The logic of lockdown, its degree and details are rather complicated and open to many doubts and queries. Shut down cannot be claimed as the remedy for the disease. It is resorted mainly due to people’s inability to maintain social distance as well as to avoid close physical proximity normal in many of our activities. Its social and economic costs are tremendous, but still it is adopted as one of the universally accepted strategies in the present pandemic attack. A recent study has concluded that lockdowns have helped to avert three million deaths in Europe. Until we find a vaccine to the disease, we have to apply multiple methods of reducing the number of people infected.

We are thus cornered to find ways of effective observance of the lockdown to make it effective so as to reduce its period. Fine for violations are common in many European countries. Many States in India are also collecting huge fine amounts for non-observance of lockdown guidelines.

COVID-19 is a challenge to governments all over the world, the like of which hasn’t been experienced. World War II was the closest historical experience that threatened the future of a large number of countries and brought changes in the daily routine of common people. But the enemy was known at the time unlike the invisible and all pervading hidden enemy in the form of a virus that can multiply very fast.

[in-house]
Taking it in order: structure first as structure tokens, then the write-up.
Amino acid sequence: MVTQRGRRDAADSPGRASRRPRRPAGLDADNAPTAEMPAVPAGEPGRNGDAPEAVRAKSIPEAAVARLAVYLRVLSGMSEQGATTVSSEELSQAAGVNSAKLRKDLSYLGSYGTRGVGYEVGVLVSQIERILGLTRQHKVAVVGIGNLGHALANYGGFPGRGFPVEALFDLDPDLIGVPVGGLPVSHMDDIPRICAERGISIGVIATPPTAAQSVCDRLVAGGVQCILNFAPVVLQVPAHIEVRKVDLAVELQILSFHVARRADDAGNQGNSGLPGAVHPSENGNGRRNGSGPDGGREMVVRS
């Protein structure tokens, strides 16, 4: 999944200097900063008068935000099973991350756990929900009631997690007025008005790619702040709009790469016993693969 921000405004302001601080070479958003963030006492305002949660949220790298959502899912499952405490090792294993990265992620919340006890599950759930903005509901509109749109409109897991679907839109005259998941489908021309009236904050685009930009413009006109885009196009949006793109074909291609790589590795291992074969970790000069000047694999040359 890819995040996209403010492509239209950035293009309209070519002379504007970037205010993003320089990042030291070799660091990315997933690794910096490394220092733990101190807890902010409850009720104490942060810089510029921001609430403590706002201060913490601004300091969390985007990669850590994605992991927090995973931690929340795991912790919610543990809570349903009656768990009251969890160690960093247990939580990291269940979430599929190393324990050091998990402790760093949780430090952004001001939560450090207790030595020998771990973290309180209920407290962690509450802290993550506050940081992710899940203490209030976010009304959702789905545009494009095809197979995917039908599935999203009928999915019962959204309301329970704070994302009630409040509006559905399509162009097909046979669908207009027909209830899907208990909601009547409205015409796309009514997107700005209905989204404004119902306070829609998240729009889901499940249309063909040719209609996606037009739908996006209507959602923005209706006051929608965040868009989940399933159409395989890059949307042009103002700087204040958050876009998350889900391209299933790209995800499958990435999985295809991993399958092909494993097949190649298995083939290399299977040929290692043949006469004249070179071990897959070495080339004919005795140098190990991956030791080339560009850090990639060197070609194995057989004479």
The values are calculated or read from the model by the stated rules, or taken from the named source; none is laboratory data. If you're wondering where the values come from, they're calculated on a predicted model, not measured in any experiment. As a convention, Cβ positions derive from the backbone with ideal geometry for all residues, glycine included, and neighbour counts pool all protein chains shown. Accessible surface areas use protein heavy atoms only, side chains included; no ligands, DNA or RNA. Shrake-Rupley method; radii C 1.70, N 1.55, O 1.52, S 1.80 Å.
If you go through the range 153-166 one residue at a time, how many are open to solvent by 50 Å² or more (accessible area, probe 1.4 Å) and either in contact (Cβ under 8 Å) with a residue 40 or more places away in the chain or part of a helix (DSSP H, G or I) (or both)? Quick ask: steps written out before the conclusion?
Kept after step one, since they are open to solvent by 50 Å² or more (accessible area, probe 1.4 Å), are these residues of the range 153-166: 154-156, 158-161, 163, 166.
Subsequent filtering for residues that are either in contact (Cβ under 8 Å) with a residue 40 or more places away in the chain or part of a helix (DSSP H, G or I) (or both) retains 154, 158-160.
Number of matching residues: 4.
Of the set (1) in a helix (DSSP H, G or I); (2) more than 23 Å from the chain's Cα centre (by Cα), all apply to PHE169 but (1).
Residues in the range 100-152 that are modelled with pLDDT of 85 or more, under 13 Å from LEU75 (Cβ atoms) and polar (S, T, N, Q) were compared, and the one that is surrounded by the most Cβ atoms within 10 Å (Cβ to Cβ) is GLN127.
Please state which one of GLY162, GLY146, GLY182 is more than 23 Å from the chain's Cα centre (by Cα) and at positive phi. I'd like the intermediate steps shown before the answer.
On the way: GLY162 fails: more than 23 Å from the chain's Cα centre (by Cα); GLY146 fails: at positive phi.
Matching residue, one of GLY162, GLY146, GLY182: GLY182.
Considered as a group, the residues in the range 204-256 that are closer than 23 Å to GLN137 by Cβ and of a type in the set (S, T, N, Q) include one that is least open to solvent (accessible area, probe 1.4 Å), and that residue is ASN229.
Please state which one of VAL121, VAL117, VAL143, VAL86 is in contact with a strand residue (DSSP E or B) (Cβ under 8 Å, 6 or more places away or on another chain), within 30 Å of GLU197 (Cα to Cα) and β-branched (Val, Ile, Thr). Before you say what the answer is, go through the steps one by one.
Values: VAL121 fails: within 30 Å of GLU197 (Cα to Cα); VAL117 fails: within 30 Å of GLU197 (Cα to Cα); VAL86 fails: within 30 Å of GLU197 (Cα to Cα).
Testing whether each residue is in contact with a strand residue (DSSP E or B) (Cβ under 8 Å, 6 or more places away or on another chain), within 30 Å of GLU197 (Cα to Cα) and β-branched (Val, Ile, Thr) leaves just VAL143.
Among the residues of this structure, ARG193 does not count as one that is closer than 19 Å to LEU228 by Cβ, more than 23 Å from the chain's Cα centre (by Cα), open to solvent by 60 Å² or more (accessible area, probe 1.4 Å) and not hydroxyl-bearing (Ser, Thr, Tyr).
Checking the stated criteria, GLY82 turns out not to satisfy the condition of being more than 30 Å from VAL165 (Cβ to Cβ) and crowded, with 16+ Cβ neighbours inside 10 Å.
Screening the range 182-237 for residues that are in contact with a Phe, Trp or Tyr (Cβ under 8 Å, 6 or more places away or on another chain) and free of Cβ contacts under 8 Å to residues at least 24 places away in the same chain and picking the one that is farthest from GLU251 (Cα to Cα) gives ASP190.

Lockdown extensions have given time to expand testing, improve health infrastructure, and identify hotspots and reasons for their emergence besides directly reducing opportunities for contacts which promote the contagion. However, there are several blockages in implementing lockdown fully which act as barriers to obtain full results.

Lockdown failure has double implications – one that it is not an effective method of containing the virus, and secondly, that it has not been implemented as intended and required. Failure of lockdown as a method of fighting the pandemic is different from failure in putting lockdown policy into practice. In the latter come all kinds of national and regional situations and rivalries and resistance by people affected for non-medical reasons.

Basically, it is difficult to impose lockdown with an iron hand in a free country. People’s   voluntary cooperation is indispensable. In a country where even traffic regulations like halting at signals, following one-way traffic rules, wearing helmets, etc, are breached openly, soft approach in enforcing lockdown rules particularly pertaining to personal behaviour may not work. On the other hand, closure of shops, institutions, and places of worship and entertainment, etc., has taken place as violations are noticeable and punishable. The result is half-hearted lockdown inevitably giving partial results.